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Mausoleum at Halicarnassus Historical Facts and Pictures

The Mausoleum at Halicarnassus, also referred to as Tomb of Mausolus, was an ancient tomb located in the city of Halicarnassus (present name Bodrum) in Turkey. It was built between 353 and 350 BC  for the Persian Satrap Mausolus and his sister-wife Artemisia II as it was the custom of the Caria rulers to marry their own sisters.

Mausoleum at Halicarnassus Map


The ancient city of Halicarnassus was the capital of a small regional kingdom within the Achaemenid Empire in the 4th century BC. In the year 377 BC, the ruler Hecatomnus of Mylasa died after which his son Mausolus took over the reign. Mausolus with his sister-wife Artemisia ruled Halicarnassus for 24 years. Mausolus died in 353 BC leaving control of the city to Artemisia to rule. Artemisia died two years after the death of her brother-husband Mausolus. As documented, the urns with its ashes were to be placed in the yet unfinished tomb.

It was most likely that Mausolus had planned the construction of his tomb before his death and after his death, Artemisia continued with the project.  While building the tomb, Artemisia spend lavishly, sending messengers to Greece to bring in the most talented sculptors of the time which included Scopas, Leochares, Bryaxis, Timotheus and hundreds of other artists.


The tomb was built on a hill overlooking the city, and the entire structure sat in an enclosed courtyard at the center of which the tomb was placed on a stone platform. A stairway with stone lions along its sides led to the top of the platform. The outer walls of the platform consisted of many statues of gods and goddesses. Stone warriors mounted on horseback at each corner guarded the tomb. The marble tomb at the center of the platform rose as a tapering square block to about one-third of the mausoleum’s height. This section was covered with bas-reliefs depicting action scenes from Greek mythology and history. Thirty-six slim columns rose for another third of the height on the top of this section with a statue standing between each pair of columns. A solid block at the back of the columns supported the weight of the tomb’s massive roof. The roof, comprising the final third of the height was in the shape of a pyramid. At the top, four big horses pulling a chariot rode with images of Mausolus and Artemisia.


Some great and magnificent sculptures embellished the mausoleum, out of which many got lost, or only fragments remained. Among the surviving sculptures were twenty lion statues measuring 5-5.25 ft in length. The original placements and positioning of the statues were known only through historical documents. Scopas sculpted the statues on the north, the statues on the east by Bryaxis, ones on the south by Timotheus and the statues on the west by Leochares.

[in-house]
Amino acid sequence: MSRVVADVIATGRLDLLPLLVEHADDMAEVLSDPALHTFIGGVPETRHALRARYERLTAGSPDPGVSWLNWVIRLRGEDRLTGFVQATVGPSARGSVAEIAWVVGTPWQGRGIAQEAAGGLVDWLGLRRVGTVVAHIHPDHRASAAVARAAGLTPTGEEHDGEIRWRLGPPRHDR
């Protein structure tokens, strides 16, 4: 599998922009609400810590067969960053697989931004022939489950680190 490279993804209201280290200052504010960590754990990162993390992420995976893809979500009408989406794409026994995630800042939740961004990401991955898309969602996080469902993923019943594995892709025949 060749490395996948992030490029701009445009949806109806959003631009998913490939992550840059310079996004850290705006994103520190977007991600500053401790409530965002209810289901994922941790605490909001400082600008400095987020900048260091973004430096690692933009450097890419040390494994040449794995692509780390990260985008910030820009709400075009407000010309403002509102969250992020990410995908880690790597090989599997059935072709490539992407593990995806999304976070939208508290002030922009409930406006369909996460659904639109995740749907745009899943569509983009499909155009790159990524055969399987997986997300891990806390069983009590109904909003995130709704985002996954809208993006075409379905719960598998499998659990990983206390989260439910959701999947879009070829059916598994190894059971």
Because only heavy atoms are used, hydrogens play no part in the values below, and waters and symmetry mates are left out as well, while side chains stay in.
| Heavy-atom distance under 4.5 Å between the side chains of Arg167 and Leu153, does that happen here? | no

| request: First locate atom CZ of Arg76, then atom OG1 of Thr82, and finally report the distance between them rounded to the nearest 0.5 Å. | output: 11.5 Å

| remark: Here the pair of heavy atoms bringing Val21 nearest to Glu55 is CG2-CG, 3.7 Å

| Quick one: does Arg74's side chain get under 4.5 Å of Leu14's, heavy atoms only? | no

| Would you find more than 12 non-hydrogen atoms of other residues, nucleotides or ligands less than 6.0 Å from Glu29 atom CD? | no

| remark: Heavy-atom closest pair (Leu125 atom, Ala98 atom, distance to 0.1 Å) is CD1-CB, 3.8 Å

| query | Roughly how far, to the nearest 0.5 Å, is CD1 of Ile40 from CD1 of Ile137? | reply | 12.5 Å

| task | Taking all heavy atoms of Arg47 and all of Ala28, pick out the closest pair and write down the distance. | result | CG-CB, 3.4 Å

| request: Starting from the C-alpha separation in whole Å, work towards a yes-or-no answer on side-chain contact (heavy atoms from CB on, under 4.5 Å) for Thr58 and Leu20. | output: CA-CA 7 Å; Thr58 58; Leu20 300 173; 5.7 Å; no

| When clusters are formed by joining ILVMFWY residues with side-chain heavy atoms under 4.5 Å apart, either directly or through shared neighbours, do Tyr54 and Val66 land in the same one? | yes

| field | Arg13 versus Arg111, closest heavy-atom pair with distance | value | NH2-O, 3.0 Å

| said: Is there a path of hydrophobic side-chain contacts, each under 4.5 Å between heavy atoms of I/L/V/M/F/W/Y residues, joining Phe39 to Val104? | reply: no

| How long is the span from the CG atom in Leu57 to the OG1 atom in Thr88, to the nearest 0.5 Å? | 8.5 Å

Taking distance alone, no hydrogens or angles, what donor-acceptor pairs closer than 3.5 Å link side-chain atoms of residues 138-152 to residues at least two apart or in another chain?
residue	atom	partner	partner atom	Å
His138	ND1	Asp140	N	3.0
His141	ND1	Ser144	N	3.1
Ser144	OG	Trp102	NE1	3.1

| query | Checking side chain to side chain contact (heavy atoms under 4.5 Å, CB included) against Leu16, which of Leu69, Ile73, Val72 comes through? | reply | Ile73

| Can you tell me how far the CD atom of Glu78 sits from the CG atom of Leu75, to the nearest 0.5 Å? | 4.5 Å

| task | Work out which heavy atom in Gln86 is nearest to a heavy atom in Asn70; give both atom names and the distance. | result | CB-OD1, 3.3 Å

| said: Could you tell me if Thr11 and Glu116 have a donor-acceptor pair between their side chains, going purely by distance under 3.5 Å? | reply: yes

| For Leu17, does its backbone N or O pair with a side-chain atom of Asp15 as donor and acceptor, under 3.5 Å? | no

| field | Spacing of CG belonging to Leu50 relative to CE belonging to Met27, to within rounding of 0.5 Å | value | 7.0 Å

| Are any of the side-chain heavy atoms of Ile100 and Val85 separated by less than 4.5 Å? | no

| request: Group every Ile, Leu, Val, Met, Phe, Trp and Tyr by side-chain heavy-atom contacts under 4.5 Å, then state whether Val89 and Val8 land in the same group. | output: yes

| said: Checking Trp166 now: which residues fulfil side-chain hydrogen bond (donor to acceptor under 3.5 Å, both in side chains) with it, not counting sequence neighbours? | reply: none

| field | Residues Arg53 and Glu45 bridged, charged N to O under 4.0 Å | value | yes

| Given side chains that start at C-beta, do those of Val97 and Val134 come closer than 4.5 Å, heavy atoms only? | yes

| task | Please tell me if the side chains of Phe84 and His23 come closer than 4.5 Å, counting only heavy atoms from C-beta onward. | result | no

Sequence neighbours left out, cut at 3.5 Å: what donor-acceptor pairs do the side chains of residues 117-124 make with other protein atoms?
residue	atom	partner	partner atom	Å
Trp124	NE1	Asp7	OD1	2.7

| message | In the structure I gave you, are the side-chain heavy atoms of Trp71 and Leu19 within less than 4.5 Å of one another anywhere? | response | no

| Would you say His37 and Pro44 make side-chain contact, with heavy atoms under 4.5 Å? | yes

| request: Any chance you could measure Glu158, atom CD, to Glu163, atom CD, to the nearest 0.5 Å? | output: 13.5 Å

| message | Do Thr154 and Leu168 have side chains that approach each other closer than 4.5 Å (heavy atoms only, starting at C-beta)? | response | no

Later History

For many years the mausoleum overlooked the city of Halicarnassus. It was untouched when Alexander the Great invaded the city in 334 BC. The mausoleum was also undamaged after pirate attacks in 62 and 58 BC. For sixteen centuries it stood above the city’s ruins. A series of earthquakes damaged the columns and shattered the bronze chariot. By 1404 AD, only the base of the mausoleum was recognizable.

During the late 15th century, Knights of St John of Rhodes invaded the region and built the Bodrum castle using the stones of the mausoleum. Expecting a Turkish invasion in 1522 led the crusaders to further strengthen the castle at Halicarnassus, which was then called Bodrum and much of the remaining portion of the mausoleum was used to build the castle walls. The foundation of the knights on the island of Rhodes was conquered by Suleiman the Magnificent after which the castle and Bodrum went under Ottoman Empire.

Before grinding much of the remaining sculptures of the mausoleum for plaster, the knights removed many of the best works and placed them in the Bodrum castle where the sculptures remained for three centuries.

Many theories were advocated, but exactly when and how the mausoleum got transformed into a ruin remained unknown.

Discovery and Excavation

A British archaeologist unearthed the sections of the relief that adorned the walls and portions of the stepped roof as well as the statues of Mausolus and Artemisia that stood at the top of the building.



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Quick Info

37°02′16″N 27°25′27″E

Tepecik Mah., 48440 Bodrum/Muğla, Turkey

351 BC
Around 45 m (148 ft)
In Ruins